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"Fourscore and...[looks at his pocket watch] seven minutes ago... we, your forefathers, were brought forth upon a most excellent adventure conceived by our new friends, Bill... and Ted. These two great gentlemen are dedicated to a proposition which was true in my time, just as it's true today. Be excellent to each other. And... party on, dudes!"'

Doing your history homework the exciting way!

This is a stock episode plot of having one of your protagonists learn their history by actually going back in time and experiencing it. If available the characters will use magical or sci-fi methods to travel back in time. Other times it's All Just a Dream or a hallucination caused by a bump in the head. Bonus points if someone quotes the saying, "If you don't learn from the past, you'll be doomed to repeat it."

If the character is not researching history it can be used to deliver An Aesop.

Compare to Wayback Trip, where the history seems to be a little… off, and the characters have to fix it. (Though there's naturally a continuum from this trope to that one; the main difference is whether or not the characters need to fix anything.)

The title is a reference to Bill and Teds Excellent Adventure.


The entire premise of:

Has episode(s) of the trope:

  • An episode of Happy Days had Fonzie inexplicably being an American history expert and helping one of the others with a report on the Pilgrims. Cut to the Mayflower's holds, full of the cast now singing about journeying to America.
  • Inverted on The Fairly Odd Parents. Instead of Timmy going back, he brought the founding fathers forward.
  • South Park parodied it on one episode where Cartman intentionally electrocuted himself with a Tivo full of the History Channel. It worked too.
  • Comics example: In the Golden Age, Batman and Robin would occasionally have a friend of theirs hypnotize them and send them back (or forward) in time to investigate certain events.
  • Boy Meets World did it twice.
  • The Sabrina the Teenage Witch spinoff novel Salem's Tales, did it.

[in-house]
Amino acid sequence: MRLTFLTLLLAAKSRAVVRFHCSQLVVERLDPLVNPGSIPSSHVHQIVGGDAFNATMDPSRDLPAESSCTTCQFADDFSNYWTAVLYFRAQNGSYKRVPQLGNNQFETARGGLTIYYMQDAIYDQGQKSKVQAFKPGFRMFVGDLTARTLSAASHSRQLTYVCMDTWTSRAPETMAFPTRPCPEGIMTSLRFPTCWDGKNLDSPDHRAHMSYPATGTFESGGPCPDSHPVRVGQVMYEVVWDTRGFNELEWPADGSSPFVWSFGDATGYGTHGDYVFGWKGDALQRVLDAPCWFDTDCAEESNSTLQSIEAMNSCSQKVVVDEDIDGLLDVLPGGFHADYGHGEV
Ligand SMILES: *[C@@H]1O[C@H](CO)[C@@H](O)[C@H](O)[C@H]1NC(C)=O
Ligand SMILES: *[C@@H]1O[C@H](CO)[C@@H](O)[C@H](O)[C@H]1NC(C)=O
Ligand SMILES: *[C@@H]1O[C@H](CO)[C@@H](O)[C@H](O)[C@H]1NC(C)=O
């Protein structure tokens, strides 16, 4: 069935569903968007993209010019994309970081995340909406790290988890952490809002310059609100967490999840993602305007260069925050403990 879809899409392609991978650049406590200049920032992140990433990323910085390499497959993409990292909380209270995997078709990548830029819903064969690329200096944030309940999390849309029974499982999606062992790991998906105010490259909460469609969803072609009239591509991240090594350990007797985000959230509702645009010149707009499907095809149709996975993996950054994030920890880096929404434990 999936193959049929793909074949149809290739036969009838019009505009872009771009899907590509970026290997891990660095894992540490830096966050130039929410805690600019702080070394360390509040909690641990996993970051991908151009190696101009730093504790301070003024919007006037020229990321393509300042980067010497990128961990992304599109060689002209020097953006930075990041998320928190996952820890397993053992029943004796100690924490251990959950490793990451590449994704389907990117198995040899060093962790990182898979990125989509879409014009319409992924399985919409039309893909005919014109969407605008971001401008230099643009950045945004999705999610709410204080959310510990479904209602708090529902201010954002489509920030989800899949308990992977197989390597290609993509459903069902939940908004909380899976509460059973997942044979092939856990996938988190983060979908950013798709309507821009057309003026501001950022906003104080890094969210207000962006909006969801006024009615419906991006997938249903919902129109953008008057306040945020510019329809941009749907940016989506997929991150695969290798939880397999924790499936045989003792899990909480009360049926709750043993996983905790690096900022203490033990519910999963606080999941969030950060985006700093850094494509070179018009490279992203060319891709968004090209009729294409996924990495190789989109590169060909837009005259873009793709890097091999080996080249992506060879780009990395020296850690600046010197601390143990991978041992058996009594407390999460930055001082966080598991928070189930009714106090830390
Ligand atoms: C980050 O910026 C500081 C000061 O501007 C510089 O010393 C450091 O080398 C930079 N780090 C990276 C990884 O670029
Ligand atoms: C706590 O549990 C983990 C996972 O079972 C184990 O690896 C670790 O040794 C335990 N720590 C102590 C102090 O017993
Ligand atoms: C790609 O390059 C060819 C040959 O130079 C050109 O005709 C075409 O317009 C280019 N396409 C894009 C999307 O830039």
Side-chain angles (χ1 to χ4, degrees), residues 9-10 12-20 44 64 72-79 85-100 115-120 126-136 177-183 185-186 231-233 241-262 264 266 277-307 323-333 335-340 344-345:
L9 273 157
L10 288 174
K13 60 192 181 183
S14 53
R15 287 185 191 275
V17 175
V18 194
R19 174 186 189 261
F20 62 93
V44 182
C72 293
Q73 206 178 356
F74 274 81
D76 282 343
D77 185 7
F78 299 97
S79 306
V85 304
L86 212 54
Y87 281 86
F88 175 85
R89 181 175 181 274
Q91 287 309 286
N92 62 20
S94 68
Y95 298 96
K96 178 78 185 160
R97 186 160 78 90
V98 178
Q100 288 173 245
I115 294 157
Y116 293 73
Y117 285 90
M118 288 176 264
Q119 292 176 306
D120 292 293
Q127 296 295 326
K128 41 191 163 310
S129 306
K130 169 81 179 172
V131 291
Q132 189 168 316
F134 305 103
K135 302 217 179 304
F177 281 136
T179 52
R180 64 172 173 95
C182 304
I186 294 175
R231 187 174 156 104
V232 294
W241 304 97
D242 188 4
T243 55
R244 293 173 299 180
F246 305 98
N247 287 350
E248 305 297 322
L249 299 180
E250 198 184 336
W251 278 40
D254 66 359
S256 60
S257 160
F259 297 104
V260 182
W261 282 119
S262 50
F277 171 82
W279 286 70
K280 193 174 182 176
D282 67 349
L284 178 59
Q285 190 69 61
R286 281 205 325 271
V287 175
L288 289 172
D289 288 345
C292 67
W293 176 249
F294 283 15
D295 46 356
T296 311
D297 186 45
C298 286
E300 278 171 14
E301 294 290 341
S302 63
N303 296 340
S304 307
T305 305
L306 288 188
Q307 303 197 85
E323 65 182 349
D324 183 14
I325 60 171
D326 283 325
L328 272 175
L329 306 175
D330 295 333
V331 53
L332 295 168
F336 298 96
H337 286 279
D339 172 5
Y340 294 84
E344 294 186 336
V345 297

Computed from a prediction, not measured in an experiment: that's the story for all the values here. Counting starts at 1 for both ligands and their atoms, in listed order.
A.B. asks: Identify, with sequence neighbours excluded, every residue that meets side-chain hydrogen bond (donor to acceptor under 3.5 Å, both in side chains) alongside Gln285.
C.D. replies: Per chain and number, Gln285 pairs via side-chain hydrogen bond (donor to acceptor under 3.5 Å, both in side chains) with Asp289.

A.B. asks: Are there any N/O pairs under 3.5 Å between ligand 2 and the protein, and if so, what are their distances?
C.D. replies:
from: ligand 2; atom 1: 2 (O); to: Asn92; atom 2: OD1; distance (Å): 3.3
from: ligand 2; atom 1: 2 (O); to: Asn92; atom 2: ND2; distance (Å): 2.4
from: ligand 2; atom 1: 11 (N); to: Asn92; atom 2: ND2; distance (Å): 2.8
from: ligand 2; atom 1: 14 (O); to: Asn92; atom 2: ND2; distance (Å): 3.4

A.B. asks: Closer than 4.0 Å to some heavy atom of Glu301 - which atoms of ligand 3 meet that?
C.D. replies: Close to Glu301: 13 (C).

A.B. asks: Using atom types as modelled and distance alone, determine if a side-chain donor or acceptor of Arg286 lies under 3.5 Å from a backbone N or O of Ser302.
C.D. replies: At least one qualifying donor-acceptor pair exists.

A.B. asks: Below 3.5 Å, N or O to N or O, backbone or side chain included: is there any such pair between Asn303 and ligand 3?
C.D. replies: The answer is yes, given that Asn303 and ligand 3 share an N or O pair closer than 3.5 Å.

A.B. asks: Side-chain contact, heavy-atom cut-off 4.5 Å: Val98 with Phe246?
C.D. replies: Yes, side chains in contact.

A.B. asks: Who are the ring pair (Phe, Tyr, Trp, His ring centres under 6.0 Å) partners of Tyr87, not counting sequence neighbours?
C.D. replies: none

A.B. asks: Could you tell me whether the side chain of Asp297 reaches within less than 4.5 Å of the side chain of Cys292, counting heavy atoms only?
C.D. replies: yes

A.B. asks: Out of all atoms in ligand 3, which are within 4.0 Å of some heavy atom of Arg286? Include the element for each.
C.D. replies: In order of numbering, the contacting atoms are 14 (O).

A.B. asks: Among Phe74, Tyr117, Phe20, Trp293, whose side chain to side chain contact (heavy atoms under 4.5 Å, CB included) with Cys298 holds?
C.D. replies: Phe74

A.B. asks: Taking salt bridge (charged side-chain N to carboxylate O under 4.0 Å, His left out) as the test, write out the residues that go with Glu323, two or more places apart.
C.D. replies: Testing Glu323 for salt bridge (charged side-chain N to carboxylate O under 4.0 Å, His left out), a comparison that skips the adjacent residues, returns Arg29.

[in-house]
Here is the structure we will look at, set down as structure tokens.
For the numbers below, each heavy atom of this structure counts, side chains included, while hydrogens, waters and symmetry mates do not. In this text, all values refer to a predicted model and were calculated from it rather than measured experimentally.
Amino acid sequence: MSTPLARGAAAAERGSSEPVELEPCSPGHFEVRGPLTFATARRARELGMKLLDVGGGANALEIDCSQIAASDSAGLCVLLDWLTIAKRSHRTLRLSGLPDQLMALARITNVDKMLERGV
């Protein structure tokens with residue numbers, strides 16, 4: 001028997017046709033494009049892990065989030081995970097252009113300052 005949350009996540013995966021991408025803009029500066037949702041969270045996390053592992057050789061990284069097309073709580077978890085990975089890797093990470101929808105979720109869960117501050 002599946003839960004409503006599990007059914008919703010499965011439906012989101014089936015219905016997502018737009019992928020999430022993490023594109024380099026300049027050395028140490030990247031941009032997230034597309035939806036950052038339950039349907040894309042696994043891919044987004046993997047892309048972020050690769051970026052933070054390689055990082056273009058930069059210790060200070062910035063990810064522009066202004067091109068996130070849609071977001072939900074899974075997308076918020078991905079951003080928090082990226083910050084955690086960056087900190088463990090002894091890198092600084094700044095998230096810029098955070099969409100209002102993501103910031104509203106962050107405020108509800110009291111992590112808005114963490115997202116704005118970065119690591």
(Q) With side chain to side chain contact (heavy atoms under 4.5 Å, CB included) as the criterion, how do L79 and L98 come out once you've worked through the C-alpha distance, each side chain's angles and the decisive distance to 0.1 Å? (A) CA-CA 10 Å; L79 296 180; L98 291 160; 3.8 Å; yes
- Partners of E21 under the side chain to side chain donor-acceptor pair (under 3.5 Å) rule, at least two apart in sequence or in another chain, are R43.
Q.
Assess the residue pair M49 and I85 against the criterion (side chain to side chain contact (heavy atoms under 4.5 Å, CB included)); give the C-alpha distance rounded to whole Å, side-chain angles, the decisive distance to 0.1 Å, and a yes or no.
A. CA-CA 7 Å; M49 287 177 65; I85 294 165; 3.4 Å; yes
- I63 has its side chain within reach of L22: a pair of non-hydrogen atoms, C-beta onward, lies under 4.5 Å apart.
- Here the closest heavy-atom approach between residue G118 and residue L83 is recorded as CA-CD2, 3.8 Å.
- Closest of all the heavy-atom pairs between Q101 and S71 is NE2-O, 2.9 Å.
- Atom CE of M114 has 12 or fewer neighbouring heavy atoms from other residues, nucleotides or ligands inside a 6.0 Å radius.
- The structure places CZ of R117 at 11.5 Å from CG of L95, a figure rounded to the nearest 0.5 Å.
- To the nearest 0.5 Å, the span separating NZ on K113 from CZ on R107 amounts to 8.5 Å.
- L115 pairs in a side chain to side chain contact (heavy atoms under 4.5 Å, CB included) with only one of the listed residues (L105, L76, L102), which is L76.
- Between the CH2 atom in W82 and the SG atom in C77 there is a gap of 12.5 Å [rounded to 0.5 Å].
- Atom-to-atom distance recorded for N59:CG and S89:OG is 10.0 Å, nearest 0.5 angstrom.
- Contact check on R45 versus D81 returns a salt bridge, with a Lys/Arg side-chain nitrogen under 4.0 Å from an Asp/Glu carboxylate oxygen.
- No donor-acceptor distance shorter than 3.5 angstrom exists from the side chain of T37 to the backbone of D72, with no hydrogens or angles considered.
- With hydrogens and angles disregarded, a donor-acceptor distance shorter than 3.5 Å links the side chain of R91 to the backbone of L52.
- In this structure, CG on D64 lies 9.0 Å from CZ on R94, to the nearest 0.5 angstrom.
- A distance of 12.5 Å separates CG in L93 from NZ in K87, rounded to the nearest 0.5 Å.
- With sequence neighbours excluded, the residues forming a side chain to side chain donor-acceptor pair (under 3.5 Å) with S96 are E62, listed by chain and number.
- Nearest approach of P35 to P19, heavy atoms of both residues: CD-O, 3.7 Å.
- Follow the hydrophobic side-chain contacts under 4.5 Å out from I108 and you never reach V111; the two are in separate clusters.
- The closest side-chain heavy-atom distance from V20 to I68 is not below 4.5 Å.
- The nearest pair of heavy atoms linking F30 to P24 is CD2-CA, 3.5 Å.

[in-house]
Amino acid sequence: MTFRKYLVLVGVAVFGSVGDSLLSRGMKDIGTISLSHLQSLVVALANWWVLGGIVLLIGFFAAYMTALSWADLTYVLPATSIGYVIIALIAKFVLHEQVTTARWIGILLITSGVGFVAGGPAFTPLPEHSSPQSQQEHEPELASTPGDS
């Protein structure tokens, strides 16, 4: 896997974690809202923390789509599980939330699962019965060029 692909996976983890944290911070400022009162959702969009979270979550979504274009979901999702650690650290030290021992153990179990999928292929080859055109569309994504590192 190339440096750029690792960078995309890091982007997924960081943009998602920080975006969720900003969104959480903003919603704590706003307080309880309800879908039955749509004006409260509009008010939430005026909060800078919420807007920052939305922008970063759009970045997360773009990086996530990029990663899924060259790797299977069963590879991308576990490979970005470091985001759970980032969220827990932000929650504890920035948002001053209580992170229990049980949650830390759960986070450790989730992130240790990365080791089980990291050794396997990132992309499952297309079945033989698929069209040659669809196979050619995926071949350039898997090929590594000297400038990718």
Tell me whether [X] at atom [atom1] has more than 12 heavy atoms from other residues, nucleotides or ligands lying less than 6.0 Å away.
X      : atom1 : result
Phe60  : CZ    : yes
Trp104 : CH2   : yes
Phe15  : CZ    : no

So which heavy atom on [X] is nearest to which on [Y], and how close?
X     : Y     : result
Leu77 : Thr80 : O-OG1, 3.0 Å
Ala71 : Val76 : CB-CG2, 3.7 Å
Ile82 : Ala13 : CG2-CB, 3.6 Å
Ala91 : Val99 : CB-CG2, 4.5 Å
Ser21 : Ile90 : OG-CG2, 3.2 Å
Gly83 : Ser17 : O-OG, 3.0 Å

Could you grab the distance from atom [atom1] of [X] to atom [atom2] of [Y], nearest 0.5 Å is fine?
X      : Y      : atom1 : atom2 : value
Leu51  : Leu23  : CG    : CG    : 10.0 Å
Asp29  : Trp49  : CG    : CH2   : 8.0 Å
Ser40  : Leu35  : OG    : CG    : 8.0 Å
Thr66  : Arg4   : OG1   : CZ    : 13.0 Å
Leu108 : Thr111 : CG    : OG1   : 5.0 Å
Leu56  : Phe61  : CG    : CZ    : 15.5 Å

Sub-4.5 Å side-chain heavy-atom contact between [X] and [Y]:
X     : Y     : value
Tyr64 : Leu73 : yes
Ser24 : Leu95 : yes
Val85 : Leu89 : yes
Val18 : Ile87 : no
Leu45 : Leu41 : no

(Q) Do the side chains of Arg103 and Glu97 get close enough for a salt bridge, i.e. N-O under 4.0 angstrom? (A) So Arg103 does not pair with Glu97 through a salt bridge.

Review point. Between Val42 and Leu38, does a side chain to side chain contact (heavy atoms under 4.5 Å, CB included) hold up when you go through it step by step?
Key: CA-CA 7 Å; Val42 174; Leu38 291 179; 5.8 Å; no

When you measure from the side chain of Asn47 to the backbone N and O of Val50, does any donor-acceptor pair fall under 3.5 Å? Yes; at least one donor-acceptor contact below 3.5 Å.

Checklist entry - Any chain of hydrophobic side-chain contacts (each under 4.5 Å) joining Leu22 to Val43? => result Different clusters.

• Family Ties did it in an episode where Alex P. Keaton falls asleep - and he witnesses the Declaration of Independence. As this episode occurred around the time that Michael J. Fox (Alex's actor) was also playing Marty McFly on Back to The Future, this episode was possibly a nod to the then upcoming film. In the film, Doc Brown types in the date of the Declaration of Independence - when demonstrating to Marty how his time machine works.
  • Also inverted in one episode of The Twilight Zone, featuring a struggling TV writer who dabbles in black magic to summon William Shakespeare back from the dead to help him write his new show. After Shakespeare leaves in disgust after the TV execs butcher the script he wrote, the writer has another idea: a historical documentary, featuring the people who actually lived it.
  • In the Tennessee Tuxedo and His Tales short "Tell-Tale Telegraph", Tennessee fell asleep while reading about the Civil War. He dreamed that he was protecting a Civil War fort from Indians, and had to learn the workings of a telegraph.
  • One of the main purposes of the Imagination Station on Adventures in Odyssey — virtual reality, but Your Mind Makes It Real.
  • An old Looney Tunes Wartime Cartoon has Uncle Sam teaching Porky Pig the foundation of the USA.
  • PS238 has several students being assigned a history report, which they decide to do on the first metahuman by bringing his daughter to their time.
  • Where in Time Is Carmen Sandiego?
    • Later, there was one called "Where in America's Past is Carmen Sandiego", which focuses on a specific part of history.
  • In an animated episode of The Tick, a villain captures Leonardo da Vinci, Ben Franklin, Thomas Edison, Johannes Gutenberg, and George Washington Carver. ("If I could only get my hands on those peanuts!")
    • And the cavewoman who invented fire.
  • Oddly used in Star Trek the Original Series in the Poorly-Disguised Pilot episode "Assignment: Earth." The Enterprise is apparently sent back on purpose to the 1960s to do research. This despite the many, many other Time Travel stories in Star Trek featuring the dangers of interfering with the timeline.
  • Superman #293 features a teacher and students from the future travelling back in time to get firsthand experience of "Thirsty Thursday" (a day where Superman is trying to get Metropolis to drink water).
  • The Time Scout series: In order to psych Margo up and get her interested in her difficult historical research, she's given a few tours downtime. First to Victorian England, then to Ancient Rome. She makes some serious mistakes each time, but also experiences some of the joys of learning.

Note in passing

  • In Thief of Time Susan Sto Helit (granddaughter of Death) has taken the job of a teacher. Though it is never actually shown, it becomes fairly clear that part of her history lesson involves actually visiting the event.
    • Not literal homework, but in Guards! Guards! the Librarian needs to know what a certain book says. Unfortunately, the reason he needs to know is that the book has been stolen. So he walks back in time (which apparently all libraries can allow), and reads it before it is stolen.
  • In an early episode of The Simpsons, the rich Mr. Burns is forced to pay a huge sum of money to the city government for dumping radioactive materials. Lisa thinks the money should be given to the public school, and imagines a scene with virtual-reality helmets which show a simulation of ancient Mongolia where Genghis Khan says, "Hello, Lisa! I’m Genghis Khan. You’ll go where I go! Defile what I defile! Eat who I eat!" This scene only lasts about a minute.